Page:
When Fisher discovered what Capp had done, he went ballistic.  He claimed that Capp had stolen his ideas, and reminded readers that "the original hillbillies" were in Joe Palooka.  His ads urged readers not to be "fooled by imitators."  Capp and Fisher descended into a bitter feud which lasted 20 years.  When Fisher finally committed suicide in 1955, Capp crowed that he considered it “a personal victory,” saying that driving Fisher to suicide was his "greatest accomplishment.” 

As you can tell, the early years of cartooning saw a lot of heated battles involving different kinds of borrowing, copyright infringement and plagiarism.  But cartoonists in the early decades never dreamed how sophisticated and lucrative theft could be.  In later years, what was once criticized as "theft" came to be renamed "appropriation art" or "repurposing" or "transformative use" or "sampling" or "re-contextualiation." What all of these new categories have in common is that they represent minor, unimaginative art. 

The legitimization of this type of borrowing began with pop art.  Bill Overgard's panel from his 1961 strip, Steve Roper was copied by Roy Lichtenstein.  When reporters questioned Lichtenstein he responded, "What I do is form, whereas the comic strip is not formed in the sense I'm using the word."  Overgard replied, "he said he never copies them exactly, [but] he comes pretty close..."

Fast forward a couple of decades and you encounter the fine artist Erró (Guðmundur Guðmundsson) who specializes in copying other people's comic art, redrawing it in a mash up, and selling it as his own fine art.  When cartoonist Brian Bolland visited the gift shop at the Pompidou Center in France, he found that Erró had copied Bolland's cover for Tank Girl in a fine art poster.  Bolland's name had been carefully deleted from his picture.
Bolland standing in front of Erró's poster
Bolland wrote a long, thoughtful letter on social media which shamed Erró into turning over his unsold inventory of prints to Bolland.

But Lichtenstein and Erró are amateurs compared to Richard Prince who shamelessly steals from illustrators, cartoonists and other commercial art.  For example, Prince copied this cartoon as a work of fine art...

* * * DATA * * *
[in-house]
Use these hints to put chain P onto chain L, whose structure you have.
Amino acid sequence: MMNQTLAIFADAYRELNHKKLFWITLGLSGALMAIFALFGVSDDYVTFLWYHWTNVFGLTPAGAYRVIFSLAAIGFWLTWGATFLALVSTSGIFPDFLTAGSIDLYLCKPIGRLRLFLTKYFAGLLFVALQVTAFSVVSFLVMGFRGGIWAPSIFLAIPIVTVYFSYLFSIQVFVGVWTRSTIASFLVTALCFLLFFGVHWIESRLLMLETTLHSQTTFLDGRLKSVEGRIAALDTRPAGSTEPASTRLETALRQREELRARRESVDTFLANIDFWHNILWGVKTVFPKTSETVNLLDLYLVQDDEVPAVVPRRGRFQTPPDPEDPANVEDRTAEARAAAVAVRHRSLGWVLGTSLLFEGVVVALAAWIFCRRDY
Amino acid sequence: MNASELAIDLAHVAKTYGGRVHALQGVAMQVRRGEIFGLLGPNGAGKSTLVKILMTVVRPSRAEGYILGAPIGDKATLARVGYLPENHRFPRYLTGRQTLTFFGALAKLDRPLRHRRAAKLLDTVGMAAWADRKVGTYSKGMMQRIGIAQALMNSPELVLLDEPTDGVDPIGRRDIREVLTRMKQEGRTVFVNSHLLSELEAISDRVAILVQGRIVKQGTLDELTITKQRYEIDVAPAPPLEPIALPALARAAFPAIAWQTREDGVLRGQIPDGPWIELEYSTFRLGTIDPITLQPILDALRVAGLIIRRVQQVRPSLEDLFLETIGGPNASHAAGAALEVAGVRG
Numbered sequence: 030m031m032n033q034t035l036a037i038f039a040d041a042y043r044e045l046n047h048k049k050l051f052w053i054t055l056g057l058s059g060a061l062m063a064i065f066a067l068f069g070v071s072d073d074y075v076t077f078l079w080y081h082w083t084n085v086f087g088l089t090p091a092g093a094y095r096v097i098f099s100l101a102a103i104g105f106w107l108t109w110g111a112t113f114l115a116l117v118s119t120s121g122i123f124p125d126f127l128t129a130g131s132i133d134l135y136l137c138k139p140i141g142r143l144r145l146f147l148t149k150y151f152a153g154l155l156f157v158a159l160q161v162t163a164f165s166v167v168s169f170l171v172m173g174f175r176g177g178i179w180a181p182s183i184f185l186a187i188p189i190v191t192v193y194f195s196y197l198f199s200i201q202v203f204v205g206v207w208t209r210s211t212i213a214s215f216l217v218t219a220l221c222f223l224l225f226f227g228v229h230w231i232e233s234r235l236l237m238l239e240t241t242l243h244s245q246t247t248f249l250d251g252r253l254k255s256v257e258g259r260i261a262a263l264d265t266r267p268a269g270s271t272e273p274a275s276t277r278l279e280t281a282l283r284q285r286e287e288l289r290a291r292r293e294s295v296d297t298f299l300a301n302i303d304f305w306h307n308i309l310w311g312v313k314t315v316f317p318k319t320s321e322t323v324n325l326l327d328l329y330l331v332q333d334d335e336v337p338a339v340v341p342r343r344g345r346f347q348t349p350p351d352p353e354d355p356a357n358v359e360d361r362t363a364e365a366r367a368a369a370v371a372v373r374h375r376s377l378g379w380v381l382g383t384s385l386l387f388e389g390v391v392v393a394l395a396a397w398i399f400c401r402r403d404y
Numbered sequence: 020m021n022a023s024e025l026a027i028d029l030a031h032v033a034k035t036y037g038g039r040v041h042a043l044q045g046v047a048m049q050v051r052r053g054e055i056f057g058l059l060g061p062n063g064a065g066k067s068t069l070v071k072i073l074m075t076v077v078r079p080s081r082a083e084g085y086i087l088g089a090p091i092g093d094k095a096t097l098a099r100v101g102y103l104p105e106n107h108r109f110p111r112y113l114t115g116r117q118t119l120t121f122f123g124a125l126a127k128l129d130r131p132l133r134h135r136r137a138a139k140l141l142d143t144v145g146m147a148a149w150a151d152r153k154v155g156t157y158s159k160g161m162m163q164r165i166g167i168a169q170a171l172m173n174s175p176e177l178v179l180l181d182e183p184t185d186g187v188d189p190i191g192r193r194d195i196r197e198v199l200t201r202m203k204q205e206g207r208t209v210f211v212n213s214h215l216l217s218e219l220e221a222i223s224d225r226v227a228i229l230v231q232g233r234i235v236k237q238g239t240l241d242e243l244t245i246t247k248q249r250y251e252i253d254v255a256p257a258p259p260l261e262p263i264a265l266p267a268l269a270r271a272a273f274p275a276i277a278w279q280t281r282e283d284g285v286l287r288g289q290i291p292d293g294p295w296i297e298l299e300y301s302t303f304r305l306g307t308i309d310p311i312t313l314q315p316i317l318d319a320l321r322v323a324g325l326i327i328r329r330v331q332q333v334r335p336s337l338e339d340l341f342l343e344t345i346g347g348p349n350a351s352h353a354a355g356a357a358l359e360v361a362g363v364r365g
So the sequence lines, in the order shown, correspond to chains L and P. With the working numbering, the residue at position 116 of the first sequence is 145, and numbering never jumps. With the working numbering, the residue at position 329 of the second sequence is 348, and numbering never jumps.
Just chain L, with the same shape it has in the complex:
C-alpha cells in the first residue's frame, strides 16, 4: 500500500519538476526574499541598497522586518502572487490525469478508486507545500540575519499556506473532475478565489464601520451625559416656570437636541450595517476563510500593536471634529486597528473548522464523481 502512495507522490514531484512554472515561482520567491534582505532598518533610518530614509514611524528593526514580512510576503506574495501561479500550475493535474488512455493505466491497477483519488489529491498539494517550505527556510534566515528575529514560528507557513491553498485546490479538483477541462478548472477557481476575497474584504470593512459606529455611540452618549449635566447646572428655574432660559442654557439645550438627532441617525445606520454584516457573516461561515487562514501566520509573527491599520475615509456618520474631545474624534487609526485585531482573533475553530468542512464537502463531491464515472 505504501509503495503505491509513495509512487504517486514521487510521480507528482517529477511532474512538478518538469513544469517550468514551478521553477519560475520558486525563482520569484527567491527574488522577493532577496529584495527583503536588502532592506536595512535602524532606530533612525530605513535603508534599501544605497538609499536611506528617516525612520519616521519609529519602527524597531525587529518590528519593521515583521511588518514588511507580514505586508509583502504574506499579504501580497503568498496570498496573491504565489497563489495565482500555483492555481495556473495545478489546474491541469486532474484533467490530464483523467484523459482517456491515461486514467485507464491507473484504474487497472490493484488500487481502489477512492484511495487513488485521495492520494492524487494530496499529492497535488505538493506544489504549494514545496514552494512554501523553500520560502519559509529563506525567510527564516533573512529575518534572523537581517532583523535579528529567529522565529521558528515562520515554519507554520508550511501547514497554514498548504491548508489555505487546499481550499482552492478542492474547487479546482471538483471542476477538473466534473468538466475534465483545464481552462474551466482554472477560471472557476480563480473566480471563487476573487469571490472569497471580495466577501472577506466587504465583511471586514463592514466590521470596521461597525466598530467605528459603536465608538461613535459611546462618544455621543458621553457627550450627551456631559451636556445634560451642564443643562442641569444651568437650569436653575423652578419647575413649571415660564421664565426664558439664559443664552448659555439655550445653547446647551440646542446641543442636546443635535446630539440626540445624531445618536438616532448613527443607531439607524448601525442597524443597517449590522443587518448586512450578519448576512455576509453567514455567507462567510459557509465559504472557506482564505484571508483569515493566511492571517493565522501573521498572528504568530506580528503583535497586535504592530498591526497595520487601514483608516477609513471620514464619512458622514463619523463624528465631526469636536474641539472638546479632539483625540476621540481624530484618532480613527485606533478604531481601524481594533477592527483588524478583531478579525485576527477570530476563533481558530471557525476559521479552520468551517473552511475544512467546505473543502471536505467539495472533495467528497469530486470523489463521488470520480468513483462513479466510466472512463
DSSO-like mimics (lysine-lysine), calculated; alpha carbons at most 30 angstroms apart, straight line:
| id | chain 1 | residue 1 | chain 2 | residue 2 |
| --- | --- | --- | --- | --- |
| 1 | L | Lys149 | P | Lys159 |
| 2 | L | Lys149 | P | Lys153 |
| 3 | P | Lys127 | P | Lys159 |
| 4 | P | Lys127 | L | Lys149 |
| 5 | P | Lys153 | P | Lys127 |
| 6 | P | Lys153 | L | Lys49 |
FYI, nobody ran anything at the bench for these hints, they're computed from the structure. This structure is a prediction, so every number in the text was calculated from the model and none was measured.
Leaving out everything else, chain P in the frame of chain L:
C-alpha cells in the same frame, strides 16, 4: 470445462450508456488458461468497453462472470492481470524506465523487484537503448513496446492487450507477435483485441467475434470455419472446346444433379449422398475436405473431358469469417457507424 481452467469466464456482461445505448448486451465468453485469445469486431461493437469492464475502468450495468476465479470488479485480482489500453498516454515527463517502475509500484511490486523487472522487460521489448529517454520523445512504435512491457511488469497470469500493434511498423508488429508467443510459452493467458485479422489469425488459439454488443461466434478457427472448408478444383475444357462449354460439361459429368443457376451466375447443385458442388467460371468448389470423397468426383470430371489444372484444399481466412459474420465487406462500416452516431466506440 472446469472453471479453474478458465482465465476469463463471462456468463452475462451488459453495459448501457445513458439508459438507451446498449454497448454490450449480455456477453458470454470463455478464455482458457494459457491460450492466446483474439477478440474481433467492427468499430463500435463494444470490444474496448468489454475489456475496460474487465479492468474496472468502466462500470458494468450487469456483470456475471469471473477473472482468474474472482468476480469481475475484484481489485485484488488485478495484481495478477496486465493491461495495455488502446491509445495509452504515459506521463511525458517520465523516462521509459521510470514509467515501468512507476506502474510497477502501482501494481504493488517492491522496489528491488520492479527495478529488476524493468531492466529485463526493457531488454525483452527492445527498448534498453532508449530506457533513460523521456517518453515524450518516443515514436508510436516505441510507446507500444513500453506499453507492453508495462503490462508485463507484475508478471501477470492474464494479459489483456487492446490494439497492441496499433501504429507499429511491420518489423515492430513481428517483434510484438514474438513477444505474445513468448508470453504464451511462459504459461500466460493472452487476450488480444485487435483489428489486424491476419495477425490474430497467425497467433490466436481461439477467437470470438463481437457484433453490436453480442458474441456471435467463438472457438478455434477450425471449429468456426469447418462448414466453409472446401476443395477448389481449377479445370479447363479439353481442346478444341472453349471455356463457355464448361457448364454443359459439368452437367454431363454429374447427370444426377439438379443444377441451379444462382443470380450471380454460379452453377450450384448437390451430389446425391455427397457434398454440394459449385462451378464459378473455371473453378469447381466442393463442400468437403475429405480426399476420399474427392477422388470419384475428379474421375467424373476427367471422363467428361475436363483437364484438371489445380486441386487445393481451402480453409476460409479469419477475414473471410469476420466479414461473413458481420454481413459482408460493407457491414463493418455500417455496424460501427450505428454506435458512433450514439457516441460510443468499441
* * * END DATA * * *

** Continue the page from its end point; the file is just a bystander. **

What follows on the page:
...which recently sold at auction in 2012 for $812,500:

Once when Prince was sued for copyright infringement, he offered this legal theory for his borrowing, along with his personal opinion of the lawyer who filed the lawsuit:
I hated that lawyer; that lawyer was really an asshole.  I just wanted to be like-- my attitude was like, Dude, this is my artwork, and you are a square.  You are a fucking square.  For me, it's like I wasn't going to be a part of his world, I wasn't going to acknowledge his world. ... Copyright?  That's absurd."
Finally, no history of theft in cartooning would be complete without mentioning ebay.   An excellent example is the following gentleman who, under the name "fosworld," was selling fake Calvin & Hobbes artwork as originals on ebay.


The scam was easy to confirm because the cartoonist, Bill Watterson, had donated those originals to The Billy Ireland Cartoon Library and Museum at Ohio State University where they reside today.  When confronted, the seller continued to sell the fake strips, dodging and weaving and offering various excuses.  Complaints to ebay about the seller were slow to get a response; ebay is notorious for ignoring intellectual property rights in situations where ebay might make a quick buck from somebody else's fraud.

Finally the outrage over the Calvin & Hobbes forgeries became hot enough that fosworld quietly shifted to other, less troublesome inventory.  To my knowledge none of fosworld's victims ever got their money back.  If you encounter one of them, tell them to write fosworld. 

Theft in cartooning continues to mutate and evolve as fast as cartooning itself, and the internet is the perfect petri dish.  Be careful out there!